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http://en.wikipedia.org/wiki/DSV_Alvin#Sinking wrote:Researchers found a cheese sandwich which exhibited no visible signs of decomposition, and was in fact eaten.
EvanED wrote:be aware that when most people say "regular expression" they really mean "something that is almost, but not quite, entirely unlike a regular expression"
Sagekilla wrote:Since you're assuming you can do 10^223 passwords, you'll only be able to try 0.04% of the possible passwords. Equivalently, there's 1243.67 times as many passwords as you can check.
naschilling wrote:It should not surprise anyone that 10^226.4 passwords checked 10^6 passwords per second would need 10^220.4 seconds to crack it.
queerismyfavouritecrayon wrote:Someone told me that when I subtracted "(26^160 / 2) - (10^223)", I should have divided them (but coincidentally I got the same result anyway? huh?)
queerismyfavouritecrayon wrote:They also pointed out that if you are using 256-bit encryption, an attacker would just go for the key (1.16*10^77 combinations) rather than the password (26^160 combinations). I guess this could be resolved by using a key with more than 26^160 combinations, but to my knowledge you can't really implement this today -- nor use a password over 64-characters.
Actually, with time loop logic, you can obtain any answer in time proportional to the length of the answer (because that's the minimum possible time to read the answer.) You just have to use time loop recursion.Maybe it is possible to crack every (reasonable, e.g. storable on computers) password in polynominal* time if time loop logic works.
*checking a password of some TB size with appropriate encryption algorithms will take some time, too.
All Shadow priest spells that deal Fire damage now appear green.
Big freaky cereal boxes of death.
mfb wrote:Seth Lloyd does a bit more than giving a number: He gets a formula to calculate the possible number of operations for all times. It is \#ops \approx \rho \,c^5 t^4 / \hbar. As we already know the value for the current age of 10^10 years, it is easy to scale it up to 10^100 years: \#ops \approx 10^{480}. More than enough for the sms-sized password. The important point here is that with increasing age, we have a larger volume (~t^3) to do calculations in.
mfb wrote:I think you still have to check if it is the correct password - otherwise you cannot determine what to send back in time.
Ok, a trickier version of that would split up the check in several cycles of the same slice in time (or somewhere in the past or the future). But then you need polynomial computing power or polynomial integrated computing time.
And finally, linear is just a special case of polynomial. If it is linear will depend on the algorithm (good: not linear?).
All Shadow priest spells that deal Fire damage now appear green.
Big freaky cereal boxes of death.
a = ""
x = sha512(password)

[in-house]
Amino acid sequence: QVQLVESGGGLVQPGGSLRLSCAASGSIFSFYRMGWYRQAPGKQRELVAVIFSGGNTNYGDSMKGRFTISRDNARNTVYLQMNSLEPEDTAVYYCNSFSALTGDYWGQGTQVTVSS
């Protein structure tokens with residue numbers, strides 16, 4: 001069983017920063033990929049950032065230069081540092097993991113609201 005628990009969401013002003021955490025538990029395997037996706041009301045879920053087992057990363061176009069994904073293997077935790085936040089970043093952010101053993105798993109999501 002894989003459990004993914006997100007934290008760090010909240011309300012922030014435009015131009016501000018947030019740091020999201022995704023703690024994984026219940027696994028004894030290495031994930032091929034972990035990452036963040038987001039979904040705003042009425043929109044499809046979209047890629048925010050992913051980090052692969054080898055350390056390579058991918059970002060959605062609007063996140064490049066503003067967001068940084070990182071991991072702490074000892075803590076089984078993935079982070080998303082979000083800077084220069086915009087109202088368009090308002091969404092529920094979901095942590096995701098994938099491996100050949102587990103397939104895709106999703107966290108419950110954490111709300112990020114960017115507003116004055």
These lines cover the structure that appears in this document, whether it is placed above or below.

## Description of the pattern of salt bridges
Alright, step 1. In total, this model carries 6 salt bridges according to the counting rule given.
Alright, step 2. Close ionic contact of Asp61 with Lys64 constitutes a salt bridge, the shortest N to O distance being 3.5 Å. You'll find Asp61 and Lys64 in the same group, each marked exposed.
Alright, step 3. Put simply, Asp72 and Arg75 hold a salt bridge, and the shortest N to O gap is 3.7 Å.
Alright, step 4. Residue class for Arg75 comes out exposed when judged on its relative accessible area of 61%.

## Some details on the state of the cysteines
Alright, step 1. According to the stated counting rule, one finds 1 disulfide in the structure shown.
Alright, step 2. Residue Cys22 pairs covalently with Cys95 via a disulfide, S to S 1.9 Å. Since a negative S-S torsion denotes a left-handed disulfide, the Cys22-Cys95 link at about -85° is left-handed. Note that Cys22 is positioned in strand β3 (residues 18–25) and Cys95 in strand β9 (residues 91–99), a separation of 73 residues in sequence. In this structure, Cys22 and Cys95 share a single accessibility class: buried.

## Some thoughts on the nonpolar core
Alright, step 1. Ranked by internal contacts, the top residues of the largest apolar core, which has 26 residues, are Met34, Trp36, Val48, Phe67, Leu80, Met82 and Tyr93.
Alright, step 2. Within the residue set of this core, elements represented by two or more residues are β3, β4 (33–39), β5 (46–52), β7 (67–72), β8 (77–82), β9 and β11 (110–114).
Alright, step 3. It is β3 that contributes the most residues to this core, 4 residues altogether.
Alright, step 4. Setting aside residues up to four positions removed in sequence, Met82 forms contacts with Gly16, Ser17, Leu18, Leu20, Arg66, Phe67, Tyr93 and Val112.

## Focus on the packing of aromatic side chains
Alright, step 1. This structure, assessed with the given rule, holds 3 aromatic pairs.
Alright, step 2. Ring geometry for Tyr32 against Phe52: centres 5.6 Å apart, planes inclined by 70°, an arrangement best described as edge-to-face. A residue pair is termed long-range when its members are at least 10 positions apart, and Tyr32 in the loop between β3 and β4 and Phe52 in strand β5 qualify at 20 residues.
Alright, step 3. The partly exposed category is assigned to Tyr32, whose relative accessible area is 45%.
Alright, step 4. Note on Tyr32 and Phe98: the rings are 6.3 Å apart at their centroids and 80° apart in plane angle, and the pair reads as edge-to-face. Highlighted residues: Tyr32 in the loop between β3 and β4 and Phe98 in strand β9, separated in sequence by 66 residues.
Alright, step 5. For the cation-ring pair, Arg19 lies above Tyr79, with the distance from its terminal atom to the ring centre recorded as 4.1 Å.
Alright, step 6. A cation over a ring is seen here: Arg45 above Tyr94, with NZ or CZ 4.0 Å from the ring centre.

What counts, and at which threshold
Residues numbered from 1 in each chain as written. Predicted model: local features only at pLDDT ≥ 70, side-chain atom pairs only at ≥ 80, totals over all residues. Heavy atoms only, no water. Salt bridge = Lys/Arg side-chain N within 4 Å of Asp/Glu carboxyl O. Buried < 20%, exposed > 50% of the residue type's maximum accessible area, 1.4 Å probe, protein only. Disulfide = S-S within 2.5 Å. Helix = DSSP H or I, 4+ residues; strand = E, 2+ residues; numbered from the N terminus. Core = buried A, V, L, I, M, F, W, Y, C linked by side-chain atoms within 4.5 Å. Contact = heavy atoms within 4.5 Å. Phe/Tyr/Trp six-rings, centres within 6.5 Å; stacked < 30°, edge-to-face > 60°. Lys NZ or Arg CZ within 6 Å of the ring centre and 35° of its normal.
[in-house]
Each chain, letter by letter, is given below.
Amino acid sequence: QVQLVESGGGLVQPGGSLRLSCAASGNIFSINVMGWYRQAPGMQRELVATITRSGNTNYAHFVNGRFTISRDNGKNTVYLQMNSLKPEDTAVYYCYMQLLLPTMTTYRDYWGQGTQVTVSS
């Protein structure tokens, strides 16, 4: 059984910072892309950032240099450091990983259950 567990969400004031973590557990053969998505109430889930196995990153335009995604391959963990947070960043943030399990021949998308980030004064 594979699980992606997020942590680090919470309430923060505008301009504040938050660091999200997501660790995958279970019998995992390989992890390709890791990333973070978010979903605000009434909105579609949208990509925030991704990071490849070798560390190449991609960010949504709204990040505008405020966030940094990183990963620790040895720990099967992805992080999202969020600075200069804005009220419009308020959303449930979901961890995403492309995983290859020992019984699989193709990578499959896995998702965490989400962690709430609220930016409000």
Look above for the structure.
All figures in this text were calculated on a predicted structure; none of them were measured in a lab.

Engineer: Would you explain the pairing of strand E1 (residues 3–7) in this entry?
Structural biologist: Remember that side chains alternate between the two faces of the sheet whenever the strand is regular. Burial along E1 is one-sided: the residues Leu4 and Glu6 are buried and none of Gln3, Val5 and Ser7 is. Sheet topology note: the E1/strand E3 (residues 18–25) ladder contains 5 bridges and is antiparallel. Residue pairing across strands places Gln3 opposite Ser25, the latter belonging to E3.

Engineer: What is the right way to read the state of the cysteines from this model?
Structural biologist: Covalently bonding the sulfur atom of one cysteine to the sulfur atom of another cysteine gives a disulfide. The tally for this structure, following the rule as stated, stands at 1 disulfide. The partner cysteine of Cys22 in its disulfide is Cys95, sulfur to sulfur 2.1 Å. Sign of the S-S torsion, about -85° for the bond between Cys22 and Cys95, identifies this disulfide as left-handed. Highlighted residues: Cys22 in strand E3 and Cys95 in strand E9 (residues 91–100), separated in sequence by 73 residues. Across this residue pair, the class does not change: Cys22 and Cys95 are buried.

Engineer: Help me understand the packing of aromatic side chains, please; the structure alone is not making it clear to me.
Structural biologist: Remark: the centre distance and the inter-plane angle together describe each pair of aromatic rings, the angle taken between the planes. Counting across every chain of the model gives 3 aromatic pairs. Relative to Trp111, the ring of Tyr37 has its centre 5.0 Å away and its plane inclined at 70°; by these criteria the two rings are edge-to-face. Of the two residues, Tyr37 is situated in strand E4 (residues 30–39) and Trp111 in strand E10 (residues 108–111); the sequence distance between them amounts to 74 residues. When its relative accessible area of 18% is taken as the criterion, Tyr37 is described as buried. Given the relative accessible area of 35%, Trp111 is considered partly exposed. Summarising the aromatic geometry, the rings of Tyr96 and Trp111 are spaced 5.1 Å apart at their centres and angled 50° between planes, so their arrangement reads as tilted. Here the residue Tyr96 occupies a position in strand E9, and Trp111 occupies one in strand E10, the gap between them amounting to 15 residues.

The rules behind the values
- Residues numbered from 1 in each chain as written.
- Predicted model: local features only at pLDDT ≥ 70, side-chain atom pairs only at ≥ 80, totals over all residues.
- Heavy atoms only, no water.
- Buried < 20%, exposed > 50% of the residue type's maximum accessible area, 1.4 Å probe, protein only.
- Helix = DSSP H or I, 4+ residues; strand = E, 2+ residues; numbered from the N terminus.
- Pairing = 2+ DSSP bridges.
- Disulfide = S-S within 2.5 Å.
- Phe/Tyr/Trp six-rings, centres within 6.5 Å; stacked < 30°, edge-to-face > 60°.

FOR i = 1 to 4
x = sha512(x + password)
a = a + x
ENDFOR
When you're talking about making passwords strong enough to resist someone who can "turn the entire universe into a computer", practicality has already been thrown out the window. Anyone who has the resources to break even a 20-letter password by brute force (let alone 160-letter) will also have access to much easier means of getting whatever information you want to keep secret:queerismyfavouritecrayon wrote:Can anyone help me find a way to practically implement this?
queerismyfavouritecrayon wrote:True Goplat, but if it's relatively easy to implement a standard that is theoretically secured by physical limits, why not do it? Why keep incrementally upgrading encryption strength as Moore's Law goes along?
queerismyfavouritecrayon wrote:True Goplat, but if it's relatively easy to implement a standard that is theoretically secured by physical limits, why not do it? Why keep incrementally upgrading encryption strength as Moore's Law goes along?
at some point in my lifetime a 20-character alphanumericsymbolic password may be crackable in about 90 minutes.
lojbrent wrote:at some point in my lifetime a 20-character alphanumericsymbolic password may be crackable in about 90 minutes.
Any clue how long that thing takes now on a standard computer. I was trying to crack a password on a Zip archive once. I had brute force app running about 30 sessions on a machine, one with 2 characters, one with 3, one with 4 and so on. That ran for 6 days I think without a single hit.
All Shadow priest spells that deal Fire damage now appear green.
Big freaky cereal boxes of death.
WarDaft wrote:Graphics cards have been in the multi-teraflops range for a while now, so less than a day for sure.
All Shadow priest spells that deal Fire damage now appear green.
Big freaky cereal boxes of death.
All Shadow priest spells that deal Fire damage now appear green.
Big freaky cereal boxes of death.
All Shadow priest spells that deal Fire damage now appear green.
Big freaky cereal boxes of death.
All Shadow priest spells that deal Fire damage now appear green.
Big freaky cereal boxes of death.
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